Urban Dictionary translates “Booyah!” as “Oh yeah!” or “In your face!” It means something else in Wisconsin.
There, booyah is a hearty, catch-all meat-and-vegetable stew, simmered in giant kettles at fairs, fundraisers, and other community events. It takes hours of cooking, if not days. Chicken is often the main ingredient, but beef and pork are acceptable supplements and substitutes, and vintage recipes call for venison, turtle, and lake fish. Add a medley of corn, peas, potatoes, cabbage, carrots, onions, and other stew-friendly vegetables, and you have a nourishing one-pot meal.
While local lore maintains that the stew came from Wisconsin’s Walloon Belgian community, and that its name came from a clumsy transcription of the Walloon (and French) word “bouillon,” meaning “broth,” it’s so broadly popular in the Green Bay area that the city has an amateur baseball team called the Booyah. It’s spread to other parts of Wisconsin, too, and just beyond the state’s borders, into parts of eastern Minnesota and Michigan’s Upper Peninsula.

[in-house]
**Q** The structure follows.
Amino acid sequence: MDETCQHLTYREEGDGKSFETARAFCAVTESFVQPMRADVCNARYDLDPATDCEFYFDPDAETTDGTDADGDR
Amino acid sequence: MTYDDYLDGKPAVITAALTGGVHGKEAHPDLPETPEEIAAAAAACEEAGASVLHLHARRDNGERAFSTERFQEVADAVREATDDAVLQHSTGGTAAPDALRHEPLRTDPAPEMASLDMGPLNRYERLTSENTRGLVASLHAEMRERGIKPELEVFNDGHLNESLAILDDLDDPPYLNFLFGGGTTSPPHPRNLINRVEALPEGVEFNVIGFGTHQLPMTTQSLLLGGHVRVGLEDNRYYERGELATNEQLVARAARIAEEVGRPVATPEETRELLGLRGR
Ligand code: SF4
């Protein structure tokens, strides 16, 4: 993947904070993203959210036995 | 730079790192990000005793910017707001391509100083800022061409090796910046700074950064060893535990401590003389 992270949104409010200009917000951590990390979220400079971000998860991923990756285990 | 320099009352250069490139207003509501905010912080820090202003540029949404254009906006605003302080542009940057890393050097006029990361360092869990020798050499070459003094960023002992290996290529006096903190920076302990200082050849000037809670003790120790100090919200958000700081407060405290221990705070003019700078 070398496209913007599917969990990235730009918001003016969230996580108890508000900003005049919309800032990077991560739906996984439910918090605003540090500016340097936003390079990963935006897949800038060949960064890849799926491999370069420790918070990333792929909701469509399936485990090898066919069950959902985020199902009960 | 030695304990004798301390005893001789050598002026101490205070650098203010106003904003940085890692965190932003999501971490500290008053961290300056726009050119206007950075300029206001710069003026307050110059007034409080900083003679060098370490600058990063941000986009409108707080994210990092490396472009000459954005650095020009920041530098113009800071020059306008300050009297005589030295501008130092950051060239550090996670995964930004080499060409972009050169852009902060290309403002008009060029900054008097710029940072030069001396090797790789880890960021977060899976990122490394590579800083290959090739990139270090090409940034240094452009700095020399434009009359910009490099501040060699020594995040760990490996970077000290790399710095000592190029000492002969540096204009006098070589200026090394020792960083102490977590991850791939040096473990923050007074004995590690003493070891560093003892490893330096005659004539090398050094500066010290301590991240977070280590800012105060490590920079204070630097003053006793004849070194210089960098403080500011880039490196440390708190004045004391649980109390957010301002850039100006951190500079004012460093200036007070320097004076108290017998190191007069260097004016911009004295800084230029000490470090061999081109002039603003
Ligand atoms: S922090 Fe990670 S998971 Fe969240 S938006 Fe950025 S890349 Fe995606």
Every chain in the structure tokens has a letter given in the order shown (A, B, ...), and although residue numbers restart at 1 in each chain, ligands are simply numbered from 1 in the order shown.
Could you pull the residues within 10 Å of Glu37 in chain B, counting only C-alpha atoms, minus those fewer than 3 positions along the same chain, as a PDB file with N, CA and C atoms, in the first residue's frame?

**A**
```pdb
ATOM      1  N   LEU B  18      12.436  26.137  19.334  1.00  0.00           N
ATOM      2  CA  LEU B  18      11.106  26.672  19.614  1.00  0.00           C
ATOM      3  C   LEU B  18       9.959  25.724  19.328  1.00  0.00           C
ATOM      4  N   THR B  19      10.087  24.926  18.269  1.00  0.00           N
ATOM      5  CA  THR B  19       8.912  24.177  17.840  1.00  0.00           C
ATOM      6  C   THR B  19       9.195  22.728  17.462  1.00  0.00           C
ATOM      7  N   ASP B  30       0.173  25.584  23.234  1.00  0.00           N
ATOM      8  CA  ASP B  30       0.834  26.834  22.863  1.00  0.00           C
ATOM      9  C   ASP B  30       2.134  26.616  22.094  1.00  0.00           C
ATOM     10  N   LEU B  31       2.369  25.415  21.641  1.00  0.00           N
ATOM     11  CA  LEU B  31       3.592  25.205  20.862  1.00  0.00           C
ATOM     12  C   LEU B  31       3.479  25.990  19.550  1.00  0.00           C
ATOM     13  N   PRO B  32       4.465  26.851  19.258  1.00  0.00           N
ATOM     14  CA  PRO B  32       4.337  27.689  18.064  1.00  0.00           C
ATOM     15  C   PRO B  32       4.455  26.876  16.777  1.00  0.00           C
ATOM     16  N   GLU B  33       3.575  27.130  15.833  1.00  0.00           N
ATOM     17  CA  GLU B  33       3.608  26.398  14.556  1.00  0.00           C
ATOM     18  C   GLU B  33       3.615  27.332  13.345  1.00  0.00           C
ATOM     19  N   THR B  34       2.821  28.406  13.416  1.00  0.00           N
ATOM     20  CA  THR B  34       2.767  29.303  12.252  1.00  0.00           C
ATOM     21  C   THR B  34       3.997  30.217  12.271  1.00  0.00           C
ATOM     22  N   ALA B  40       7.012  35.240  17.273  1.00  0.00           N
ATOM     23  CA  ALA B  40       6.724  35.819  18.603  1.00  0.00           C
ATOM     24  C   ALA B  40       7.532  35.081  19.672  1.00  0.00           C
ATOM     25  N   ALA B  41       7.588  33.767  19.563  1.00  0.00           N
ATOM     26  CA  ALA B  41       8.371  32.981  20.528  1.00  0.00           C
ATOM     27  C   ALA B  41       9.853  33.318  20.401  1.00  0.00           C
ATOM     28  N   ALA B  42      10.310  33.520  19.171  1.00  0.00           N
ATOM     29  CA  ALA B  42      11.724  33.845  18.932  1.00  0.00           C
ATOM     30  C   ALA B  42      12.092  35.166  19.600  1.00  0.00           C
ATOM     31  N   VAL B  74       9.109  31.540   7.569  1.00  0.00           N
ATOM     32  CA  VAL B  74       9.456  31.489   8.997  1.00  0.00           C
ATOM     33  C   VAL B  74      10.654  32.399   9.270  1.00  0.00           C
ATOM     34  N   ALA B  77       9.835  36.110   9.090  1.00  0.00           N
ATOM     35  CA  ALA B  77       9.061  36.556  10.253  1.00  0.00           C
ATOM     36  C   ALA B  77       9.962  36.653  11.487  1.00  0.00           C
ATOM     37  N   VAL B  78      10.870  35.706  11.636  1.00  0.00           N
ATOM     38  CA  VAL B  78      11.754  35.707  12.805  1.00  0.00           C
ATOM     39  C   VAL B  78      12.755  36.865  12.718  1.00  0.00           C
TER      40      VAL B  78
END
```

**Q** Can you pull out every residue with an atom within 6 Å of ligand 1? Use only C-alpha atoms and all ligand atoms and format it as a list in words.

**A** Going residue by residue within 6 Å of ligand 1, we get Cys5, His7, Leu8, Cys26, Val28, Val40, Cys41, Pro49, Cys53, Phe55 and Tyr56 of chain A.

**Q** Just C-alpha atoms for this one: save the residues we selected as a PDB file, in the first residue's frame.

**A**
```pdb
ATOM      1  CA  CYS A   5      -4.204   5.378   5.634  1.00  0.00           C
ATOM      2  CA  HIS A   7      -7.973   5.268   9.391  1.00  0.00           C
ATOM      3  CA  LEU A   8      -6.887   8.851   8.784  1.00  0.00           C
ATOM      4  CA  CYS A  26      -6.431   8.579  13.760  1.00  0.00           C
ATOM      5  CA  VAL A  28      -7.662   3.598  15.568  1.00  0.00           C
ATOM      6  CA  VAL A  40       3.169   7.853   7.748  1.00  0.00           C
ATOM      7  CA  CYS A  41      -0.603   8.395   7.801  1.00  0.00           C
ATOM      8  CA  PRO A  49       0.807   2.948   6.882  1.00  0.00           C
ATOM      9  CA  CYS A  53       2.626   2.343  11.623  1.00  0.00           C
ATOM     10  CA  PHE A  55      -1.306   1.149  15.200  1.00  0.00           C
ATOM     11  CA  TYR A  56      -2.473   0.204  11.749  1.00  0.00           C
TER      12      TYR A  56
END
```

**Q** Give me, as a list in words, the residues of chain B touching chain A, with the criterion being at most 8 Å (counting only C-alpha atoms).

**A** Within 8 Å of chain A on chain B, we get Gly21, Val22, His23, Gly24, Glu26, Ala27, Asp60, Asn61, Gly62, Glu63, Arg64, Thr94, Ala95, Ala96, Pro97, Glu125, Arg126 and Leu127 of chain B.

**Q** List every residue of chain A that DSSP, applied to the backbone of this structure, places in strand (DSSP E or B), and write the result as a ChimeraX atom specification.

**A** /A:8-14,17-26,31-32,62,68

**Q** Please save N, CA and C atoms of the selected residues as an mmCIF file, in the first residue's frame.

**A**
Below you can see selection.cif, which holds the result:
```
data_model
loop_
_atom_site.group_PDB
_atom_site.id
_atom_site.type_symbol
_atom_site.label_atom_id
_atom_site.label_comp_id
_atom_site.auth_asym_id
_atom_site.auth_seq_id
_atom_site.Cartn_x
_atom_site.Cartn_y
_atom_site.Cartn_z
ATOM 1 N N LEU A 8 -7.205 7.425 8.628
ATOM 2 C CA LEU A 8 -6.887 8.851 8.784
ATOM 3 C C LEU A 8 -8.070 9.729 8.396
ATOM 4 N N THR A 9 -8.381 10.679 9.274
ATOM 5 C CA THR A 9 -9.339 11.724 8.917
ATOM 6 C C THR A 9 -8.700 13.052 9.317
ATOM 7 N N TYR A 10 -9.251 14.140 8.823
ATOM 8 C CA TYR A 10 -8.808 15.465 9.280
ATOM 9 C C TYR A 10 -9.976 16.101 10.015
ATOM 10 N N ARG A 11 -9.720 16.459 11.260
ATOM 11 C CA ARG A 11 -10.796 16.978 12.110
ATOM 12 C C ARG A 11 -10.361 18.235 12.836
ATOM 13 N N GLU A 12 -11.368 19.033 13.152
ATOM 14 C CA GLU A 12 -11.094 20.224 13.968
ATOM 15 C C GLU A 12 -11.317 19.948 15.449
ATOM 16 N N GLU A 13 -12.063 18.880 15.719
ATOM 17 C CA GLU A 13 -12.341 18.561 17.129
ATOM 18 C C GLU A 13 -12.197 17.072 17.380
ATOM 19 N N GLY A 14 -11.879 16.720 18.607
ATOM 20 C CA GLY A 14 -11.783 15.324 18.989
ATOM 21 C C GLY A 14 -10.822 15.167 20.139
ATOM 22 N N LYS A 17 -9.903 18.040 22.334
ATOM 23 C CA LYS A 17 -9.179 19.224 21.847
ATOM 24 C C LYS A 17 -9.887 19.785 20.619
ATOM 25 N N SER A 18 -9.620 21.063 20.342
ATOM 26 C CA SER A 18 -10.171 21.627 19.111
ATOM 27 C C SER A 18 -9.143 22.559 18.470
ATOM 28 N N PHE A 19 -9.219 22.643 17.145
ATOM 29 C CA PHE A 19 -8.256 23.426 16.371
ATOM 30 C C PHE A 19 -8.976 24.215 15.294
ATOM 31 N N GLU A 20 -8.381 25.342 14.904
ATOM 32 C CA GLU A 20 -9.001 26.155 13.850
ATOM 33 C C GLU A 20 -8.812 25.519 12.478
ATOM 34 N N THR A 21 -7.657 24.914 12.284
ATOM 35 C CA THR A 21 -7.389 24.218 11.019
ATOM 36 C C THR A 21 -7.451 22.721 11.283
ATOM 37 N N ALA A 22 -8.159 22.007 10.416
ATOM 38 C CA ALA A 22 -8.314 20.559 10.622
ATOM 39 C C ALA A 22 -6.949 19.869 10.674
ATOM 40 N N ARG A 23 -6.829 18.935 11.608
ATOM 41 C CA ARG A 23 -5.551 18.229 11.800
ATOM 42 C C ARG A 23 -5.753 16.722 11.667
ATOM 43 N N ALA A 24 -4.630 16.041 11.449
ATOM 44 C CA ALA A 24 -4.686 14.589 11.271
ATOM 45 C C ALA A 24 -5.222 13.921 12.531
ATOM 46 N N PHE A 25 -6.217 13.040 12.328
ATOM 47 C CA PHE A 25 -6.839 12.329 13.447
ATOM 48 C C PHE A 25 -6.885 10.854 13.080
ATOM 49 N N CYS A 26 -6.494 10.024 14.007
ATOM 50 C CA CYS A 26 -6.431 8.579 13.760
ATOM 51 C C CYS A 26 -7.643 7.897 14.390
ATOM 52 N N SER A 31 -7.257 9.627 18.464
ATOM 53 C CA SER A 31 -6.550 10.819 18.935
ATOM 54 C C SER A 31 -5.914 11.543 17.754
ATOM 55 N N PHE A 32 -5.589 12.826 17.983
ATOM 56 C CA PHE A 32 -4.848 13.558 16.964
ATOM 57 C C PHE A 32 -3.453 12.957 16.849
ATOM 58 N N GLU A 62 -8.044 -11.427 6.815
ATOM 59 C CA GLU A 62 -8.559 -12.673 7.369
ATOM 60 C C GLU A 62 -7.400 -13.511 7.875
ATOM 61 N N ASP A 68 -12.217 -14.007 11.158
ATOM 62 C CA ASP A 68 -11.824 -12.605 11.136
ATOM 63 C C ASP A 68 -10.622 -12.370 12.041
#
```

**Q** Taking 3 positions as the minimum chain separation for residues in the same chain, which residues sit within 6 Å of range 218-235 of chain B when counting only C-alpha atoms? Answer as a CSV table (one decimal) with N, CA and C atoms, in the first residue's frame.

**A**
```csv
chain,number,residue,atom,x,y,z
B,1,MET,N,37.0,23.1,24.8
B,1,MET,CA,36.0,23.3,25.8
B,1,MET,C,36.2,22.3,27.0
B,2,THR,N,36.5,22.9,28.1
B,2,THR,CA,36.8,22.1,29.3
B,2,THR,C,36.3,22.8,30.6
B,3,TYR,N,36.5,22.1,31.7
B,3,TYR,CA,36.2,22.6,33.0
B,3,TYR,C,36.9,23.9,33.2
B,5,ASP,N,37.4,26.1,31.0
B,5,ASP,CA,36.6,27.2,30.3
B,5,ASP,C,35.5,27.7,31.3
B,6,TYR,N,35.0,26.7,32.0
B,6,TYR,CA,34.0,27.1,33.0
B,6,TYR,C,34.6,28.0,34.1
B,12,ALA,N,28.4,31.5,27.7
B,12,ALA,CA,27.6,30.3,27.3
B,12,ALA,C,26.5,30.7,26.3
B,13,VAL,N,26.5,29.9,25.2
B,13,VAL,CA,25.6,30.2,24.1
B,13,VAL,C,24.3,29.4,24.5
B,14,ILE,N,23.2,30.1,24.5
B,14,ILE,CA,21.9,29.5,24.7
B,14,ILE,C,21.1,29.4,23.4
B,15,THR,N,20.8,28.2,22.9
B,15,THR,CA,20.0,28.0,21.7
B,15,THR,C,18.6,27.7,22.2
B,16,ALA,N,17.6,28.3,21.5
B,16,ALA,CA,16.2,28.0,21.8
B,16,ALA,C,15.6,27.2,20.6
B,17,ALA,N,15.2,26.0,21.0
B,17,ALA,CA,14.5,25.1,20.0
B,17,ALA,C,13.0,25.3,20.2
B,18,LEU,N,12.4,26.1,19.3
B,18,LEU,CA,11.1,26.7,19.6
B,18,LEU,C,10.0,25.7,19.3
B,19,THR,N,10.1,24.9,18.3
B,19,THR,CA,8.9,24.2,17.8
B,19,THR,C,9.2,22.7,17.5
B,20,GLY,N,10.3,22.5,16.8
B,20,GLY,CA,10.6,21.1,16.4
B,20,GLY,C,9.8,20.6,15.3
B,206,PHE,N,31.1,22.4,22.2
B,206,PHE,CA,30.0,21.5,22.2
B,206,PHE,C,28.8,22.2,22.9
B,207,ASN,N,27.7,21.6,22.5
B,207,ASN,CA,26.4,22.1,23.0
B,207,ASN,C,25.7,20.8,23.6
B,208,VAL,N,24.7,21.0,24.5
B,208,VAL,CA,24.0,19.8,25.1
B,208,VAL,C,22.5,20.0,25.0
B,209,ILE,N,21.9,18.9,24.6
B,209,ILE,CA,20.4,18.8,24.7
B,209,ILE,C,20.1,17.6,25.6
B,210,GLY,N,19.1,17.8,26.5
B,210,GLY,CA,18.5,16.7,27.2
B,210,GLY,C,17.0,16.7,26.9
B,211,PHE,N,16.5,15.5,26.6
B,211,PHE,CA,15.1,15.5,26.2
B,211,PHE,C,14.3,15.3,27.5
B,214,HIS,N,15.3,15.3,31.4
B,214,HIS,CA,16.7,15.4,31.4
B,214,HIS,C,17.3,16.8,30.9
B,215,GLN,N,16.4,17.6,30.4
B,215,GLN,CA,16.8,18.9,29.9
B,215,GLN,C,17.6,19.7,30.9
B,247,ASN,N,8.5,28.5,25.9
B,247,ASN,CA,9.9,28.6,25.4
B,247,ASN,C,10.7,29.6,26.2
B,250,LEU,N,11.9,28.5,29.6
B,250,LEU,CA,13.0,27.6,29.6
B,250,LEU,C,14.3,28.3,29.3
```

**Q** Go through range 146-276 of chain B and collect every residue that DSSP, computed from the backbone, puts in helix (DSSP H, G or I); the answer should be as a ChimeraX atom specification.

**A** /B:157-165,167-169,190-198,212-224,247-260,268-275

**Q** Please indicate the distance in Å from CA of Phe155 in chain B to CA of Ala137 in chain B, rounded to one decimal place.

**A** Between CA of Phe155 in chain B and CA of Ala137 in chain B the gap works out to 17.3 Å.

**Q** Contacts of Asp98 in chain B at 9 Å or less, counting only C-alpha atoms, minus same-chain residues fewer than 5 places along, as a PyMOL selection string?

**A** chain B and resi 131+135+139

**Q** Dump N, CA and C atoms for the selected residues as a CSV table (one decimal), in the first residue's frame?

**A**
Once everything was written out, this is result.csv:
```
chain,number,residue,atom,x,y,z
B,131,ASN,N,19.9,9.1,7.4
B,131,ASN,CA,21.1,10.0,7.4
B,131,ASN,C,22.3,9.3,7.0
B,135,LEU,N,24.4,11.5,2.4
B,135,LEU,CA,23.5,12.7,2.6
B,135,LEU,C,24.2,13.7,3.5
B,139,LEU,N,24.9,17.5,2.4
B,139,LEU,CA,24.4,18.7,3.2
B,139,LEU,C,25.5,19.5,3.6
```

The best booyah starts with generations-old family recipes like the one Mike Weir uses at Kroll’s West in Green Bay.
For about fifteen years, he’s been cooking a close family friend’s booyah in forty-gallon batches. “I think it really just became popular because it tastes so damn good,” he says. He donates a hundred gallons to charitable causes each year. It’s good for the community, he says, and besides that, “it’s good for business, so it works out pretty nice.”
The first trick to his booyah is selecting the fattiest chicken possible. He simmers that chicken with oxtail, which adds flavor and body to the broth, until both are falling-off-the-bone tender. Then he adds beef tips, carrots, onions, cabbage, and a few other ingredients, along with a bit of chicken base, simmers that for two hours, then lets the massive pot of stew sit for two hours, stirring it every fifteen minutes. That’ll make a good booyah, he says, but you can’t rush greatness. “We find that if it sits for four or five days in the cooler, we get a better flavor,” Weir says.